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American Beech

Latin: Fagus grandifolia

Family: Fagaceae

Description - form tall slender or broad and rounded crown depending on site location. Are slow growing and shade tolerant. Often have saplings from root suckers.

 

Leaf - alternate, simple, coarsely toothed, elliptical shape, straight parallel veins.

 

Bark -  smooth and light grey, like elephant legs.

 

Bud - brown, polished, finely hairy at the apex, diverging from twig.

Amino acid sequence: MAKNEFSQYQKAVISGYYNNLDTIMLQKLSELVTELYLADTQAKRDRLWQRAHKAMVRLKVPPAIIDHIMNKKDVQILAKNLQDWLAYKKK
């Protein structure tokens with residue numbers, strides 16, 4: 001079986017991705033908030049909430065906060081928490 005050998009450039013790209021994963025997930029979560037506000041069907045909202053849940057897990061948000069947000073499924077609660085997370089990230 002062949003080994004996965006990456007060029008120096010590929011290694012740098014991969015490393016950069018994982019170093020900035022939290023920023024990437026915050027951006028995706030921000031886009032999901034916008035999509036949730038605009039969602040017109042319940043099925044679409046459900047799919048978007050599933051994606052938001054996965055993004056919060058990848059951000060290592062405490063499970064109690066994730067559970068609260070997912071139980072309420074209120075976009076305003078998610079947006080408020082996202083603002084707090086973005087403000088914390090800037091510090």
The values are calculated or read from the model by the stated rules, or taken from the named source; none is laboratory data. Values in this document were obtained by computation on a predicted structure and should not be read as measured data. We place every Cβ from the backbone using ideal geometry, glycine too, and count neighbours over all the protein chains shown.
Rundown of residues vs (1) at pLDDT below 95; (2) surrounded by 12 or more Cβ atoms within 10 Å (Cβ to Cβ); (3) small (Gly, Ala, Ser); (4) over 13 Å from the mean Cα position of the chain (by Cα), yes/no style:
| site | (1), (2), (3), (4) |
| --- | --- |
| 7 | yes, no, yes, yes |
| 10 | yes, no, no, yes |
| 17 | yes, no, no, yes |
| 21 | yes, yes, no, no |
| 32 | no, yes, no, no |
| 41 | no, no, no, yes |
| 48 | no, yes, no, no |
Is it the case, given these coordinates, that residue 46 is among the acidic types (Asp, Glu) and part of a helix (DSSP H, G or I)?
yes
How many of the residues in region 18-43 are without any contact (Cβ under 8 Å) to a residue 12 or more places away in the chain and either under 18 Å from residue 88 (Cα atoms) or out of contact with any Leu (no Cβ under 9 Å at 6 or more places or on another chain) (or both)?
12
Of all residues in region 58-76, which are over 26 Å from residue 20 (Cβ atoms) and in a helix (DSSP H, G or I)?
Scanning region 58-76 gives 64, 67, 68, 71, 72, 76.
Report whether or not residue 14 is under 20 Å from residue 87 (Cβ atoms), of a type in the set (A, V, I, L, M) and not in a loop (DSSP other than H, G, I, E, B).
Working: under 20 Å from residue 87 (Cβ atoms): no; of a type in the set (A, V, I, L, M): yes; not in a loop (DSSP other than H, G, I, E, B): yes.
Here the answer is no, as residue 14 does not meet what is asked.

Twig - slender, slightly zigzagged.

 

Flower - male and female flowers occur on the same tree. Male flower is yellowish with globe shaped heads, paired, short stemmed female flowers near branch tips.

 

Fruit - 3 sided edible, shiny nut, usually 2 in a 4 parted brown prickly husk.

 

Habitat - well drained, upland loamy soils.

 

Wildlife Value - the fruit is eaten by squirrels, turkeys, rodents, and deer.

 

Wood - used for boxes, pallets, railway ties, furniture, flooring, veneer, musical instruments.

 

Problems - fruit production is undependable and trees may not bare for several years. Are susceptible to a disease which was imported to Canada in the 1890s.

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48075 Jamestown Line R.R. #2, Aylmer ON N5H 2R2